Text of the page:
I then drew a similar daisy flower with a stem, and this time I drew a small line about a centimetre long, near the bottom of the stem, veering to the right and labelled the line “event”. Then I drew a dot at the end of the line and said, “Sometimes an event happens that makes us feel angry or sad or hurt, right?”. He nodded and I continued, “And then we start to feel better, and things seem normal again as we are travelling the straight and narrow path, and then something else happens, right?”
I continued, “And sometimes when we are starting to feel better something else happens, and then something else happens, and then we recover a little, and then something else happens, and we feel like we are going in a million different directions, and our emotions are all over the place, and our thoughts are so negative, and we sometimes find it hard to believe that things are ever going to get better.” I drew several lines as I spoke; some returning to the stem and others veering off in every direction until the final picture looked like the stem of a weed. Then I said, “That’s what I call being stuck in the weeds. Have you ever felt that way?”
He nodded and said, “I felt that way last night when we searched everywhere for my phone and couldn’t find it and again at school today. I’m so mad. I mean, who steals a kid’s backpack?”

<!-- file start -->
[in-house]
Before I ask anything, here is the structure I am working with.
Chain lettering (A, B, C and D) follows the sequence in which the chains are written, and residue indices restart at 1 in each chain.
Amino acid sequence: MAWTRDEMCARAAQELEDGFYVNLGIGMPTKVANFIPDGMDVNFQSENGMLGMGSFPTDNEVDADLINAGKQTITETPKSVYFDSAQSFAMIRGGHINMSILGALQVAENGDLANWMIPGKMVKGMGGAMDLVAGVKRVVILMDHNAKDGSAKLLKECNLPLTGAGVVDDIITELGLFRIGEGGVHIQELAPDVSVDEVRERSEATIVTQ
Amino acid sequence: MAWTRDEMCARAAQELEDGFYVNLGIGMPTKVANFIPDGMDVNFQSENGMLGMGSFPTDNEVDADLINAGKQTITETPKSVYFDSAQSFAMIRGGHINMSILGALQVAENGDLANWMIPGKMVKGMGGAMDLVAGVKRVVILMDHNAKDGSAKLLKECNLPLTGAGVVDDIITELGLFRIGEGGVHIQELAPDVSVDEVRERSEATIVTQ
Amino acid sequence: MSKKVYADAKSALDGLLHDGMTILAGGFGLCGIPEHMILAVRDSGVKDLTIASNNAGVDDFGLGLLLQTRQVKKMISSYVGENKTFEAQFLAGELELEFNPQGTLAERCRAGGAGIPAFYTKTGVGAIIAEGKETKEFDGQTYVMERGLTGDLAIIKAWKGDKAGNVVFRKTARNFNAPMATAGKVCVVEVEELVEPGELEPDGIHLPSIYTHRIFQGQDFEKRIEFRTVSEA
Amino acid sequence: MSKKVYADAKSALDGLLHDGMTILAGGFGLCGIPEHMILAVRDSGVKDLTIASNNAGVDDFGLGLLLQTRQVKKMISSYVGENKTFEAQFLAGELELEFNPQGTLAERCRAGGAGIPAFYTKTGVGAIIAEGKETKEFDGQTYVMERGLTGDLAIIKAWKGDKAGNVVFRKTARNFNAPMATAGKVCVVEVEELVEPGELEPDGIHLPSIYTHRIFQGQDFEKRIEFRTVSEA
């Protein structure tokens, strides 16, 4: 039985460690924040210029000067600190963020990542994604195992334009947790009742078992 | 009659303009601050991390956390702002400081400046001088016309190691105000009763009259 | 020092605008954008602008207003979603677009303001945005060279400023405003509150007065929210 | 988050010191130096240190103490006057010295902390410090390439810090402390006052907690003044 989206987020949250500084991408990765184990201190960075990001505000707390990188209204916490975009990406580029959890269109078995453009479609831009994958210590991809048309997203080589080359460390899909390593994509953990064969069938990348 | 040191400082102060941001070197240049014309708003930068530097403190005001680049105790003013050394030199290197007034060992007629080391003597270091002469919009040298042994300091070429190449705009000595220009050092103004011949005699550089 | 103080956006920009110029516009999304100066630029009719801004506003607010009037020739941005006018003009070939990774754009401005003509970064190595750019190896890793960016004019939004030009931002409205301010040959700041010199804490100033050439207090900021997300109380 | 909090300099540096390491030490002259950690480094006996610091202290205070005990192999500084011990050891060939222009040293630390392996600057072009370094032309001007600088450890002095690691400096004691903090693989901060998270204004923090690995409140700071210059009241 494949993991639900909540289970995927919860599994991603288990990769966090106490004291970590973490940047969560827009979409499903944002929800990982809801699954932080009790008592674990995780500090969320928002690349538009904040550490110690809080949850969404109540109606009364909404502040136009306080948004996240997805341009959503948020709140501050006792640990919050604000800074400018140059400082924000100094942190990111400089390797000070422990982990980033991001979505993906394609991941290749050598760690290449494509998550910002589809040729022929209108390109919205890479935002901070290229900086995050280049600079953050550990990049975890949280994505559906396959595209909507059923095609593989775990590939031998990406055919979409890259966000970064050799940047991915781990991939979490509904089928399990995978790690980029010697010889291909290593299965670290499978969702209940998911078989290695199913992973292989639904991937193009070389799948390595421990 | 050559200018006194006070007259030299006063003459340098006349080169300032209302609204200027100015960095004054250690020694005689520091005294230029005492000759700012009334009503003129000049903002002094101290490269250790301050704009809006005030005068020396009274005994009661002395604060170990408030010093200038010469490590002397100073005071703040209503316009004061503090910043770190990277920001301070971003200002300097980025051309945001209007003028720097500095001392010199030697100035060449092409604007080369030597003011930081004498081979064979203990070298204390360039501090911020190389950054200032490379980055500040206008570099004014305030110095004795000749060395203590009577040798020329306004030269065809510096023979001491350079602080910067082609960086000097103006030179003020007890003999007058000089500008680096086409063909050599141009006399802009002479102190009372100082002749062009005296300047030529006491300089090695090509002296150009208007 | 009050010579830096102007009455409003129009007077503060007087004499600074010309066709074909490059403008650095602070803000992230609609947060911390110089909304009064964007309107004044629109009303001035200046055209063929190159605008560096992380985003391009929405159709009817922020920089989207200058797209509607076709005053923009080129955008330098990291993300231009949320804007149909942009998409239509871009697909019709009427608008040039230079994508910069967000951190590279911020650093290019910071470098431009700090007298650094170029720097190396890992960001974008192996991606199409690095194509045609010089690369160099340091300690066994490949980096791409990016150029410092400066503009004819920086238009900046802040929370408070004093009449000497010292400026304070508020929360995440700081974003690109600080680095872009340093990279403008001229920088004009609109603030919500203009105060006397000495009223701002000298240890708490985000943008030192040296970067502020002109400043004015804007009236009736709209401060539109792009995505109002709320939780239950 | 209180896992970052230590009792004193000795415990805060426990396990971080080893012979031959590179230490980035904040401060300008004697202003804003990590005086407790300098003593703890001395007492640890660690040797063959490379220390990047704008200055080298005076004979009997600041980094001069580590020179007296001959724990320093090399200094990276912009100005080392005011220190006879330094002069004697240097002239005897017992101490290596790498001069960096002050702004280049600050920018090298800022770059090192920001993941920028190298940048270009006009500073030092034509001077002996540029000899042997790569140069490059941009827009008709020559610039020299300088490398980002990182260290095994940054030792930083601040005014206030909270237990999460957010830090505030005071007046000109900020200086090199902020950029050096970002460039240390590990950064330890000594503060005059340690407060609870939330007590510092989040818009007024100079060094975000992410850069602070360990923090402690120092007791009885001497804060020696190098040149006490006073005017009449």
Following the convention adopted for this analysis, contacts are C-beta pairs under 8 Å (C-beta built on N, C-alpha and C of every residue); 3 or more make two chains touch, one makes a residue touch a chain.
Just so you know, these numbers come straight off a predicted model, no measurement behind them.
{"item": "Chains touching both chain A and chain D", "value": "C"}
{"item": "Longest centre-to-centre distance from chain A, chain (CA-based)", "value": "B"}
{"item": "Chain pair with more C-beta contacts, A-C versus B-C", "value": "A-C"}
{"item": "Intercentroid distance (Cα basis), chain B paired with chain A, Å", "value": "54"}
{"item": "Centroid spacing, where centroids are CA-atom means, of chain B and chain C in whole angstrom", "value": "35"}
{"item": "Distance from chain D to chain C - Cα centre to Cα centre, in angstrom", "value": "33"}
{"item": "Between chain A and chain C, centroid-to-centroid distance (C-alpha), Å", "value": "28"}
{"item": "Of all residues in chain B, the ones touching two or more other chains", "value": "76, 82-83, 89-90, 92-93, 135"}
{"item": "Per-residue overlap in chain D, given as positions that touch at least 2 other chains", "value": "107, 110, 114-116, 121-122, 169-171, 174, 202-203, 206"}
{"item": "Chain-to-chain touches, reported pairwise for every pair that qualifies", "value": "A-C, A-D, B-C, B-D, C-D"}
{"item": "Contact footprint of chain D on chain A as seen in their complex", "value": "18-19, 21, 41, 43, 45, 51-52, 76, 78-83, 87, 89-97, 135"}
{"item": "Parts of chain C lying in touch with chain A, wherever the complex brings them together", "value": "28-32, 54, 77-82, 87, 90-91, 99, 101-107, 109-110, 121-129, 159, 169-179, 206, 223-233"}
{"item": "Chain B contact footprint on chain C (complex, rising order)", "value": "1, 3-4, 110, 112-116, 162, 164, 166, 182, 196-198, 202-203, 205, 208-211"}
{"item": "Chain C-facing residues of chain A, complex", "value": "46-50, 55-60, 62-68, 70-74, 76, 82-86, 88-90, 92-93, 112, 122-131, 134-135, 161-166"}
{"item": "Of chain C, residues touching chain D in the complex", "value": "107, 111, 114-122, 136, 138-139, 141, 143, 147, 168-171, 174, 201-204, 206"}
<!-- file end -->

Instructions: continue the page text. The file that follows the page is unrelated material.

I said, “Oh buddy, that must have been hard to feel all those feelings welling up inside. It’s a yucky feeling when someone takes something from you or does something that hurts your feelings. Unfortunately, we can’t control what other people do, but we can control how we react.”
Choose Your Path Wisely
I drew another daisy, complete with stem and this time I drew a zig-zag line up the stem to the tip of the flower and added dots to the end of each of the zig-zag edges. Labelling as I went along I said, “We know that things happen in life that take us off the path. People hurt us, people steal things, and other things happen. Each one of those dots is how we react after an event happens. Each dot is an opportunity for us to exercise choice. We can choose to think negative thoughts and let them drive our actions, or we can choose to think positive thoughts and let those drive our actions. If we choose positive thoughts, we can return quicker to that state of love and walk along that joyful path, even when difficult things happen to us.” I paused for a moment, then continued, “Have you heard of Viktor Frankl?”